News & Politics

Poll Finds More People Want the Redskins to Change Their Name

A survey finds 71 percent of people say the team should not change its name, down from 79 percent less than a year ago.

Never say "NEVER" again? Photograph by Carol Ross Joynt.

The Redskins are touting the results of a new poll that says a majority of Americans do not think the team should change its name, even though the number of people who feel that way is actually shrinking from previous surveys.

In a poll released yesterday by Public Policy Polling, 71 percent of respondents say the team should not get rid of its current name, which many, including definitions in several mainstream dictionaries, consider a racial slur. That’s down from the 79 percent who told the Associated Press the same thing last May. The number of people who think the team should change its name, meanwhile, is up, with 18 percent telling Public Policy Polling that Washington’s NFL team should get a new moniker, up from 11 percent in the AP poll.

Still, the team, looking for any blue sky after a woeful 3-13 season, is strongly touting the show of support for its name. “The results of this poll are solidly in line with the message we have heard from fans and Native Americans for months—our name represents a tradition, passion and heritage that honors Native Americans,” the franchise said in a statement.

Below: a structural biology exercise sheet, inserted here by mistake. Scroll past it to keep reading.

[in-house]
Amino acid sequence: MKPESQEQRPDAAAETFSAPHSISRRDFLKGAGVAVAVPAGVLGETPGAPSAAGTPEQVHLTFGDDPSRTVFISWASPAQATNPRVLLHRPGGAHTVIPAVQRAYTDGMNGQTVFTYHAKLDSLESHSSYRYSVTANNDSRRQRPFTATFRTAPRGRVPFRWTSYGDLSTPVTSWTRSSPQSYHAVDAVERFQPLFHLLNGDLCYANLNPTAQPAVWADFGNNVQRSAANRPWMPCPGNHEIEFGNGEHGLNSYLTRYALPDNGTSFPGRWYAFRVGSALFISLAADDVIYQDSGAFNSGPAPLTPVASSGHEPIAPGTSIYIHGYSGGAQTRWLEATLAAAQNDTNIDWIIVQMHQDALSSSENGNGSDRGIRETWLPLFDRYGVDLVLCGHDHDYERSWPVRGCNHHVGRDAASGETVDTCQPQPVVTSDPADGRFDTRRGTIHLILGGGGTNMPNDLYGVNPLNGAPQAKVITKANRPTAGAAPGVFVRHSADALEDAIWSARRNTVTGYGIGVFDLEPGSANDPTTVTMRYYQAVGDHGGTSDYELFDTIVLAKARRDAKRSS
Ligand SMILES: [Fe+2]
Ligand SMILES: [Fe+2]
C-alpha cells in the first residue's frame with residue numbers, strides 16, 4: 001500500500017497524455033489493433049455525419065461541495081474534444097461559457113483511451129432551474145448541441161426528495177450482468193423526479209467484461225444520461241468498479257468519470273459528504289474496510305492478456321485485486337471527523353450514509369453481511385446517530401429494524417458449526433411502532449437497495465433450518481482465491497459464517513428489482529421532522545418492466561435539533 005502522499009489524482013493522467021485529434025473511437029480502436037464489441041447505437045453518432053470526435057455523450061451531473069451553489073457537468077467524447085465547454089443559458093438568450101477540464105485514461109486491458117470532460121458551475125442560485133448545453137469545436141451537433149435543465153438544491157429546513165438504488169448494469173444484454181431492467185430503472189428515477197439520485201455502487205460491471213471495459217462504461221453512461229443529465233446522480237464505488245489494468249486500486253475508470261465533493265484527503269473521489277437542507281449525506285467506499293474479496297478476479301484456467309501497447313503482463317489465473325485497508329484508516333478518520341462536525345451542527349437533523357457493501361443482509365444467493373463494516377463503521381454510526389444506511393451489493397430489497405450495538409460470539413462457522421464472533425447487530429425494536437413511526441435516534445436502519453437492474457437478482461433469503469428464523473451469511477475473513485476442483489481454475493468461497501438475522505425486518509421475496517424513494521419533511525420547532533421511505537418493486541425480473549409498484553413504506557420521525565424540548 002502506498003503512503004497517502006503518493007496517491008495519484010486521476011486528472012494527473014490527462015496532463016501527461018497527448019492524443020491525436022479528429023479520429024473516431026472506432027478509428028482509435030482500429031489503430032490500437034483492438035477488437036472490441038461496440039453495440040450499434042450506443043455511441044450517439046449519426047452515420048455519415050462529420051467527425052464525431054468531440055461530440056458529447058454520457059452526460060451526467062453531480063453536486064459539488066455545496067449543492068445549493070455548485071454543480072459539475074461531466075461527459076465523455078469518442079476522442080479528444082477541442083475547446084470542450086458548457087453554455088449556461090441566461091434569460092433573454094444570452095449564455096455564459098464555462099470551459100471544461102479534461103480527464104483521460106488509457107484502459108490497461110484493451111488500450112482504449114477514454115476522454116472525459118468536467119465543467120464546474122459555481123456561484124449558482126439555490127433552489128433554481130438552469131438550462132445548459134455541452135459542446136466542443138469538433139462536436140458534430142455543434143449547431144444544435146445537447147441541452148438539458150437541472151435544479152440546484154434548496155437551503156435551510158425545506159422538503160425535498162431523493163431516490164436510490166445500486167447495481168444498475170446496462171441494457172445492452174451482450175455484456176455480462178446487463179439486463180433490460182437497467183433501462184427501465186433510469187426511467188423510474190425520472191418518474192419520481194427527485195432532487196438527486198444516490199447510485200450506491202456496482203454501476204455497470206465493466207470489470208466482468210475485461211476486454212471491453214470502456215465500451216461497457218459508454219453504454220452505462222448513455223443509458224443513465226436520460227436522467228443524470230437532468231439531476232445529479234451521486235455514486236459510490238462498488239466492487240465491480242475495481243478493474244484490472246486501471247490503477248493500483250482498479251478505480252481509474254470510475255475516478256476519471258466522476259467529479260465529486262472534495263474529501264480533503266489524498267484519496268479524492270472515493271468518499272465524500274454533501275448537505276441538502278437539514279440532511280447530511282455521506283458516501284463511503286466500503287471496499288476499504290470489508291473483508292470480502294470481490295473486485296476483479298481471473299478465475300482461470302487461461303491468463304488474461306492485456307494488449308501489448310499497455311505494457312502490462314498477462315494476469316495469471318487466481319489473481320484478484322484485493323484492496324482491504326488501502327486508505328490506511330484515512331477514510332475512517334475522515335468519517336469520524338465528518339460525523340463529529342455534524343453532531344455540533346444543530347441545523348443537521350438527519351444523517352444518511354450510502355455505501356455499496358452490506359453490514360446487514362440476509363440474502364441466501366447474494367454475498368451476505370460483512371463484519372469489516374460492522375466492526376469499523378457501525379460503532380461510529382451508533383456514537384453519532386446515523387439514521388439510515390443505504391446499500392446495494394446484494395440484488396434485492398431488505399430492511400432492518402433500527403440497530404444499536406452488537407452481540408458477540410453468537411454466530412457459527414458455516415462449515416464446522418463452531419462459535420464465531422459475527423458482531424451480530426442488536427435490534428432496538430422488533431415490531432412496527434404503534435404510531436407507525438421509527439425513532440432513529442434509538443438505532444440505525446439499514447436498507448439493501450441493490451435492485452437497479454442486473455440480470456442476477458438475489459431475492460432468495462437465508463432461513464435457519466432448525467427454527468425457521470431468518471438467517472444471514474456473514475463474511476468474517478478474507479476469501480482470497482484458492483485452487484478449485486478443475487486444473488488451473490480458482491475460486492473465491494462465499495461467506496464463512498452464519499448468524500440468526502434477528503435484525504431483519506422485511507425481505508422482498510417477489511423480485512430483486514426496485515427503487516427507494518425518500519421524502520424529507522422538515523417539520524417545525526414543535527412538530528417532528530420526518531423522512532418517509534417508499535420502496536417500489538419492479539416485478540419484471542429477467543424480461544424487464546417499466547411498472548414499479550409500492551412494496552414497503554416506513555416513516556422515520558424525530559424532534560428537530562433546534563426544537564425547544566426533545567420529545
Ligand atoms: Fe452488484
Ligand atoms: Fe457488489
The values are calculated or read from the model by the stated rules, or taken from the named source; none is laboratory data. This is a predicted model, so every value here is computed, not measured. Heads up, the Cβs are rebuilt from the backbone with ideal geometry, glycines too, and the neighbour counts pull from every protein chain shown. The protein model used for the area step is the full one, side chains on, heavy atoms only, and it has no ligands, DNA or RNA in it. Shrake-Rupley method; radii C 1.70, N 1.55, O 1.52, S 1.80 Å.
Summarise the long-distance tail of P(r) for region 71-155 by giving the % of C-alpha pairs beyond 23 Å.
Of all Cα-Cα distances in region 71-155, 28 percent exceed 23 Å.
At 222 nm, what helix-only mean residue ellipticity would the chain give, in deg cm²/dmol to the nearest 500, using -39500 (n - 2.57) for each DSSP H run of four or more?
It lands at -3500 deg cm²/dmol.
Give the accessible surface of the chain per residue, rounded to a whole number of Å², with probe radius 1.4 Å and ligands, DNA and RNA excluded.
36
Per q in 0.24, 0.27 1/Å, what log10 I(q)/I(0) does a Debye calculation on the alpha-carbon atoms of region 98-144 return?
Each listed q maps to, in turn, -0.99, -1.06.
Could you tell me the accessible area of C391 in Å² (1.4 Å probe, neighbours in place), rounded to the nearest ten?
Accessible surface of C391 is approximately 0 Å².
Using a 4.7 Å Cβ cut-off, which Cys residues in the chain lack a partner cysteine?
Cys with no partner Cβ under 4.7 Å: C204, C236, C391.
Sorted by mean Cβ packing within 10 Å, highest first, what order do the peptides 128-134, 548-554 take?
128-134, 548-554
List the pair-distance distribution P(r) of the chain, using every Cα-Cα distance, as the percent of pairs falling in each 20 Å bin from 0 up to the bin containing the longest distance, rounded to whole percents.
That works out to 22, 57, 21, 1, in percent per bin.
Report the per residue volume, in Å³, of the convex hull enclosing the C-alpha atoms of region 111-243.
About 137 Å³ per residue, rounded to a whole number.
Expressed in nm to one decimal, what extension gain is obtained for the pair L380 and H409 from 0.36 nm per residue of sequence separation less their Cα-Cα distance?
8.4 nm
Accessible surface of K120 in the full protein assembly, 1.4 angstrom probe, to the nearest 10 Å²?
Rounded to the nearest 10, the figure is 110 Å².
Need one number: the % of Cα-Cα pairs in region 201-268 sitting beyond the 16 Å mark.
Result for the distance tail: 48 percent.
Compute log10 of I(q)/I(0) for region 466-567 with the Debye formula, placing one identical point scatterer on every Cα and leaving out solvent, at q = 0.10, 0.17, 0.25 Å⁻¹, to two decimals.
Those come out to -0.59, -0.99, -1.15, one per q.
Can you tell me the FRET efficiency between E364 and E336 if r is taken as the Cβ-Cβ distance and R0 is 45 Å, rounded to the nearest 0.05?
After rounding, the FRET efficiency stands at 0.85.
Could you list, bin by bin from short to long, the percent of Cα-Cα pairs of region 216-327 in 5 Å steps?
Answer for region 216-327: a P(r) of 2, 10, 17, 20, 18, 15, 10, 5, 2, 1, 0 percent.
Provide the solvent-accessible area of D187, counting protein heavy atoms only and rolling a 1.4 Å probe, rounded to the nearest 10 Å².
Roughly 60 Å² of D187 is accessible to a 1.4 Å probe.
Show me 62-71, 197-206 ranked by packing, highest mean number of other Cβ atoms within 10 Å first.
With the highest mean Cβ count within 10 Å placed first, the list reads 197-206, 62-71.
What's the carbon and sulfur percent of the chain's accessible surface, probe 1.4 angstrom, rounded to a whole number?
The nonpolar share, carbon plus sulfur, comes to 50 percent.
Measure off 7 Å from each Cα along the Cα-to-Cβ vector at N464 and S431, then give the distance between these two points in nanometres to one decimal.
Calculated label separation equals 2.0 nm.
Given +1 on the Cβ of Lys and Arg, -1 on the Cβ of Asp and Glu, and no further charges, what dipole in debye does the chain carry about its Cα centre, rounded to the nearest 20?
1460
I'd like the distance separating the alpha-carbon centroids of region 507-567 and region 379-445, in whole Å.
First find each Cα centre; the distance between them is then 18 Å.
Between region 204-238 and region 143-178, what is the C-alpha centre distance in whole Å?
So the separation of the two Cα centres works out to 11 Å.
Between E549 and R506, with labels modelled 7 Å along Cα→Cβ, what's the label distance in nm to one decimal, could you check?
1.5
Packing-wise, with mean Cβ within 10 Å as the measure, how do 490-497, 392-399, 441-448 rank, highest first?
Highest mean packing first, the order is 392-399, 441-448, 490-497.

The Oneida Indian Nation, a tribe from Upstate New York that sponsored a season-long publicity campaign urging the Washington team to get a new name, blasted the poll.

“This flawed poll conveniently leaves out that fact that the R-word is a defined racial slur, and it fails to mention that a diverse coalition of Native American organizations, civil-rights groups, public-health organizations, religious leaders and sports icons have been joined by governors, the D.C. Council, Republican and Democratic Members of Congress and even the President of the United States in saying that now is the time for the mascot to change,” said Oneida spokesman Joel Barkin. “Neither the Washington team nor its owner appears to understand that there is no poll or financial transaction that can solve a moral problem.”

Dan Snyder loudly said last year that he will never change the team’s name, but if the trend continues, the Washington team’s owner may one day find himself in the minority.

Staff Writer

Benjamin Freed joined Washingtonian in August 2013 and covers politics, business, and media. He was previously the editor of DCist and has also written for Washington City Paper, the New York Times, the New Republic, Slate, and BuzzFeed. He lives in Adams Morgan.